After petitions sent three Maryland laws to voters this fall — the first such referendums in 20 years — state leaders said Tuesday that the process designed in the era before electronic signatures needs a fresh look.
"Our forefathers never imagined everything that we did in
Opponents of same-sex marriage, the
Miller, House Speaker
Shortly after the election, O'Malley told the news media, "It's probably been made a little too easy" to put laws up for referendum. On Tuesday, his spokeswoman confirmed the governor thinks the process "needs to be looked at." Miller questioned whether electronic signatures should be verified by someone other than the people who gave them. And Busch said lawmakers should reconsider the number of signatures required to send a law to the ballot — a threshold, he said, that was set in the days they were collected by going door-to-door.
"It should be fair," Busch said. "I don't think it should be easy; I don't think it should be hard. … We're a representative democracy, and we're sent here to make decisions. We can't have a referendum every time someone doesn't like one."
Part of the success in petitioning the laws in 2012 relied on Hagerstown Del. Neil Parrott, who developed the website mdpetitions.com that allowed voters to download petitions and submit them. His fellow
"This is a fundamental right to the citizens of Maryland. It's an important right that needs to be preserved," said Parrott, who said electronic signatures did not play an outsized role in the petition efforts. "Most of the petitions happened the same way they would have a hundred years ago."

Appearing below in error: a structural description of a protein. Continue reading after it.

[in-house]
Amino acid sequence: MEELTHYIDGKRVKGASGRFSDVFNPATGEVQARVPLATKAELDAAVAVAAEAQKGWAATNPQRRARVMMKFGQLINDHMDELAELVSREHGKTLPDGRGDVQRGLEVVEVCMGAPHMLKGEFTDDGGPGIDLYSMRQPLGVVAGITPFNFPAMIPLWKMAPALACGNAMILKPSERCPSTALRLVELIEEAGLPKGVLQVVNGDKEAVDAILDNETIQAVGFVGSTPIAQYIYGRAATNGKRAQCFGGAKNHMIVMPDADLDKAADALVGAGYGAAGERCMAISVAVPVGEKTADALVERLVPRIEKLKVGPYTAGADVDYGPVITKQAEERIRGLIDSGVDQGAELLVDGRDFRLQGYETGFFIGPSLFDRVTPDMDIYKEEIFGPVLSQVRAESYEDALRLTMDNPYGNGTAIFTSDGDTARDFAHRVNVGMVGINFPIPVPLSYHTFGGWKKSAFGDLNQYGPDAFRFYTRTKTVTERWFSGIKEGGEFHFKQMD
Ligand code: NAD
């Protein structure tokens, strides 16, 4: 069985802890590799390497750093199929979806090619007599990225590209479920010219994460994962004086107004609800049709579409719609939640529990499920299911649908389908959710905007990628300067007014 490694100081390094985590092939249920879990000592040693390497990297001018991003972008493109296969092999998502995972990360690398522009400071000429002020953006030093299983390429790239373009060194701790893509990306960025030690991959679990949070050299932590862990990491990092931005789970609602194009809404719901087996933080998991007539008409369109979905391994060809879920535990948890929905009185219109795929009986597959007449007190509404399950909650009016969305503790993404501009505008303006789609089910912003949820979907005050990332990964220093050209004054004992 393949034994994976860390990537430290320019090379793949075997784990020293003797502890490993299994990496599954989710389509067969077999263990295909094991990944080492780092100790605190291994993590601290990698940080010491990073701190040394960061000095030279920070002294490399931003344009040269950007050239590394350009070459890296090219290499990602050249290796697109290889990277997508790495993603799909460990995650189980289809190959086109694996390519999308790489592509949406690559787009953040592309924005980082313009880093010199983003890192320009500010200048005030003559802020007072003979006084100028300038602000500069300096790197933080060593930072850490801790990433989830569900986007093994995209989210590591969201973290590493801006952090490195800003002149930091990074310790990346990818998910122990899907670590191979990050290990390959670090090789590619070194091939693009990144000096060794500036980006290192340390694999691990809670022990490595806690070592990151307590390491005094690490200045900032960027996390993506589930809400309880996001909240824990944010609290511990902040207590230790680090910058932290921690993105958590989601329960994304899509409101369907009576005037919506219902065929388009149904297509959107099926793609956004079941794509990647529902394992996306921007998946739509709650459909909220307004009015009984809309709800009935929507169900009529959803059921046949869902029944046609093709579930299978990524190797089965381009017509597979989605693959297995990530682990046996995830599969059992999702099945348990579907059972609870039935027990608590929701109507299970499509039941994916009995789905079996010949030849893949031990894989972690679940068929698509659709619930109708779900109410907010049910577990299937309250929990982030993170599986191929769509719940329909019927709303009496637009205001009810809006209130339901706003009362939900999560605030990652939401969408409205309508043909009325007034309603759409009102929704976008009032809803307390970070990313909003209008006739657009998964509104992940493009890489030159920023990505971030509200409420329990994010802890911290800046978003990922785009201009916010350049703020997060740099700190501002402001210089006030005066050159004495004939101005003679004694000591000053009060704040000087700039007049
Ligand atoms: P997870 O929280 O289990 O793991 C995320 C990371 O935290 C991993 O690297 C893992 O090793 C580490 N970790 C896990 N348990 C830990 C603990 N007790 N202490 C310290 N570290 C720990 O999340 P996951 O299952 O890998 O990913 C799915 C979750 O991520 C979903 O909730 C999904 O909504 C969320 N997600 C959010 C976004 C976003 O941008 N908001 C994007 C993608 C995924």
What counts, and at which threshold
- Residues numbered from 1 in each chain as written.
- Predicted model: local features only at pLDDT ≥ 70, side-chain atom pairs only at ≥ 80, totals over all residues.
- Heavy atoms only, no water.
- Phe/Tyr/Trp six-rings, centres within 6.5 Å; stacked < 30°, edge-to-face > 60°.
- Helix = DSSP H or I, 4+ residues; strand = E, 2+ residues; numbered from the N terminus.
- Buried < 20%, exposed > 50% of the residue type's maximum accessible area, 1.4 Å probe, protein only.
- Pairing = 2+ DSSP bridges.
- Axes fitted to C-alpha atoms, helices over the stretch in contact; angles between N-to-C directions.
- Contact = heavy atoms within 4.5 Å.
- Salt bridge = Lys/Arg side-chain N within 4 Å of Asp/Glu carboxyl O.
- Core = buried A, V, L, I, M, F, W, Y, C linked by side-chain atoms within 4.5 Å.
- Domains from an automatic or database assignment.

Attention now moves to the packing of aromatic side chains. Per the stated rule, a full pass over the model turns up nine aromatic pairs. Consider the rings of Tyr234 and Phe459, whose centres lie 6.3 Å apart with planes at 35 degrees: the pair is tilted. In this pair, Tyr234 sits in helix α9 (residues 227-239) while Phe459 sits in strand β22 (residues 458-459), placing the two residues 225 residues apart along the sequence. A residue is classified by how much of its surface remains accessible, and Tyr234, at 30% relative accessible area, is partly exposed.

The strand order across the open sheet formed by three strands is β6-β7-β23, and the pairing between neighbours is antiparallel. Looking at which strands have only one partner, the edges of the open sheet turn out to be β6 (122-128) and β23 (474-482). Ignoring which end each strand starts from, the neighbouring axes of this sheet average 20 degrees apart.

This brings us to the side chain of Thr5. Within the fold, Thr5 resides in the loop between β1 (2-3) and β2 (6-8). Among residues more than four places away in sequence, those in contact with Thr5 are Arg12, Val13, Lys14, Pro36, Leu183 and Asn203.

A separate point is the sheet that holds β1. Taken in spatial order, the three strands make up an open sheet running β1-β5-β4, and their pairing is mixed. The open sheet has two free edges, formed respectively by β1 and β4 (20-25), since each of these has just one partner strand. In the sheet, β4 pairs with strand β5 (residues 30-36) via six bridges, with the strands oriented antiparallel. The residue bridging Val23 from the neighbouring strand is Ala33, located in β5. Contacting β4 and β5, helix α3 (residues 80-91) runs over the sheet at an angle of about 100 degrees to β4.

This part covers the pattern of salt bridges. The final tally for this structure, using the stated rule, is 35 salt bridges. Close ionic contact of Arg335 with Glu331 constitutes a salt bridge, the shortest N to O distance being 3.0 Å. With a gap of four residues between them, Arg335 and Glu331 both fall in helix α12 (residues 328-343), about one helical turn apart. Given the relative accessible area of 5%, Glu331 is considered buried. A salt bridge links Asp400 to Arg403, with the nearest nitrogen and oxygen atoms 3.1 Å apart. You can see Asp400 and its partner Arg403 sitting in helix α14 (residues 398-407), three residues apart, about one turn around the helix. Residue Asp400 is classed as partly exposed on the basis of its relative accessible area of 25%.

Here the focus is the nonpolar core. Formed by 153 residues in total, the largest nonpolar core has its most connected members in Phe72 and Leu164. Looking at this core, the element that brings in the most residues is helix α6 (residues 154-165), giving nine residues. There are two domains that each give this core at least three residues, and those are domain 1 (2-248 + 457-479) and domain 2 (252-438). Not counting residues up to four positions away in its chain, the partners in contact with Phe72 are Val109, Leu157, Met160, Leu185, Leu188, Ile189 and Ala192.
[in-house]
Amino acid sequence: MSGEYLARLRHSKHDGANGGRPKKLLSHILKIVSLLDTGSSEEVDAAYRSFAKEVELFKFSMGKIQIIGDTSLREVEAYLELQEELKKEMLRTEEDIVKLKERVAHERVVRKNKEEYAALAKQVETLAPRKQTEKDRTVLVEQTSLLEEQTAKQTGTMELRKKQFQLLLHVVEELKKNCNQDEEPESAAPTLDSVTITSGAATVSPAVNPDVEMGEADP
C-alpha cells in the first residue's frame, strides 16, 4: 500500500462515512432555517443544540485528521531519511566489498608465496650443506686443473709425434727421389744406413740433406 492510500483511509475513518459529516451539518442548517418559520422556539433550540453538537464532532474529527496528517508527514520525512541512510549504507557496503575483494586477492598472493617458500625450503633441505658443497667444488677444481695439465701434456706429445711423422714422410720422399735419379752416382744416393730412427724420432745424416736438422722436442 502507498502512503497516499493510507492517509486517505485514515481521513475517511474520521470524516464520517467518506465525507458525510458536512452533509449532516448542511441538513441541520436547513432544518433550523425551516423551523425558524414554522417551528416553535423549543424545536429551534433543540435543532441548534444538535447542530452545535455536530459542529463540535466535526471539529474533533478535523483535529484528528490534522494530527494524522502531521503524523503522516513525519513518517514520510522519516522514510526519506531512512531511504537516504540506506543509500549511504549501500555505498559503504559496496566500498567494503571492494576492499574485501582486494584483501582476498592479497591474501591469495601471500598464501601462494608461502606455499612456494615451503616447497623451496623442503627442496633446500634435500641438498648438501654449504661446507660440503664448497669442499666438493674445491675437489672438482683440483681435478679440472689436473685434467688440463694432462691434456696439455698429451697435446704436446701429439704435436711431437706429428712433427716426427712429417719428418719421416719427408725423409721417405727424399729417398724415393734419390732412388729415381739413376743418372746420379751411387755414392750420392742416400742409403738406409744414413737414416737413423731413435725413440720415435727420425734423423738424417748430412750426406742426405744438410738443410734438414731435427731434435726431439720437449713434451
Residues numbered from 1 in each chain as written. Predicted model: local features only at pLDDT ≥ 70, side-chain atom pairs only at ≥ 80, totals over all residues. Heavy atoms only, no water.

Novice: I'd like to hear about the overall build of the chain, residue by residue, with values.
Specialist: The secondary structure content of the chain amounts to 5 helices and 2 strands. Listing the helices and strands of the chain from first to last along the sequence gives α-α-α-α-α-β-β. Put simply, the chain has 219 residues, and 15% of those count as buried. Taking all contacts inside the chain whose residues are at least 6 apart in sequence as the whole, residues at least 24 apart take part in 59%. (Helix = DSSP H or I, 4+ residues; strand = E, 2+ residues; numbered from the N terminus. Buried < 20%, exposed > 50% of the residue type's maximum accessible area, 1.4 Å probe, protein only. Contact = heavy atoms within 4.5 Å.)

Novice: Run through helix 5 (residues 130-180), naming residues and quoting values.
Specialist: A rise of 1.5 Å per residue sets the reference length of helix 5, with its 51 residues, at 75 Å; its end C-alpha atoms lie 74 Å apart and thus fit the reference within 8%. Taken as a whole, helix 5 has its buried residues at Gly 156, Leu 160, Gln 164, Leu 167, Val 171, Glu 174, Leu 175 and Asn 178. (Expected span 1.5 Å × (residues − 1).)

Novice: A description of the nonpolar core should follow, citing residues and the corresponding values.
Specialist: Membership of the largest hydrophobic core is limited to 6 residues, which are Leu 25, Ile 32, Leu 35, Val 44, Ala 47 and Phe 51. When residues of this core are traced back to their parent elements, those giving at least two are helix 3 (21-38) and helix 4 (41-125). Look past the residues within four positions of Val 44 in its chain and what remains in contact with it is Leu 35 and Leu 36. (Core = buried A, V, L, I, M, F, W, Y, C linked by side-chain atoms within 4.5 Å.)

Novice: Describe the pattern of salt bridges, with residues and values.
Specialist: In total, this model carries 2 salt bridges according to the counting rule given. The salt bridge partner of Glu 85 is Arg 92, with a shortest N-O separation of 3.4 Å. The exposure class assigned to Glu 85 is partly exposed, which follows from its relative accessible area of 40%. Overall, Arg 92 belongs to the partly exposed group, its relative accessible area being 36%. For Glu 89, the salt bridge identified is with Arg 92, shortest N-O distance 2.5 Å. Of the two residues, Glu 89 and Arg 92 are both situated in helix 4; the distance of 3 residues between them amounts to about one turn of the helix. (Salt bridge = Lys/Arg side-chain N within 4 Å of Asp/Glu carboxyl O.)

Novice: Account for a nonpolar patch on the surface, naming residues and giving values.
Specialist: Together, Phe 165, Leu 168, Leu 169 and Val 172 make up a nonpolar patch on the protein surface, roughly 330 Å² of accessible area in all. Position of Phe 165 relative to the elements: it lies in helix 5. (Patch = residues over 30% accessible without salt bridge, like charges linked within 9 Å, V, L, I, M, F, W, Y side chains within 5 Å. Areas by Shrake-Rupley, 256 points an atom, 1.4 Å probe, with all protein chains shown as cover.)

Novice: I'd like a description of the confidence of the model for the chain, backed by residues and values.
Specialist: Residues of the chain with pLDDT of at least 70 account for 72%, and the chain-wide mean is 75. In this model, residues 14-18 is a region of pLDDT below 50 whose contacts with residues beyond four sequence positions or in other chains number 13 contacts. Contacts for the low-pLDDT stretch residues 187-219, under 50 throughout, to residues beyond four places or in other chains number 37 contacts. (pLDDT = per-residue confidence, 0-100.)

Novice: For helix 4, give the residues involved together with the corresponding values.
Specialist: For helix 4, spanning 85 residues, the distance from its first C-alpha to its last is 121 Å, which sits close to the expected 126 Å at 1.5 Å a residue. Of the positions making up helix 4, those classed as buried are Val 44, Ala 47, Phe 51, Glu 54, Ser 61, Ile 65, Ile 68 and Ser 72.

Nonpartisan watch dog group Common Cause said the petition process should be protected, calling Maryland "one of the few states that doesn't have a very robust referendum history."
The group would back reforms that involve better reporting and more accountability about who is financing petition drives, said Jennifer Bevan-Dangel, executive director of Common Cause Maryland.
Democrats can expect resistance from Republican leaders, who want to reserve the process for high-profile, controversial laws.
"The only reason that they want to raise the threshold is to apparently make it inconvenient," said House Minority Leader Del.
Parrott said he plans to introduce legislation requiring the wording on a referendum petition to match the language on the ballot. He also plans to revive bills that would protect the privacy of people who signed petitions.
A similar measure has already been pre-filed by Del. Barbara Robinson, a Baltimore Democrat. Del. Eric Luedtke, a Democrat from
"The new technology is great because it opens up new avenues for democracy, but it also opens up new avenues for fraud," Luedtke said.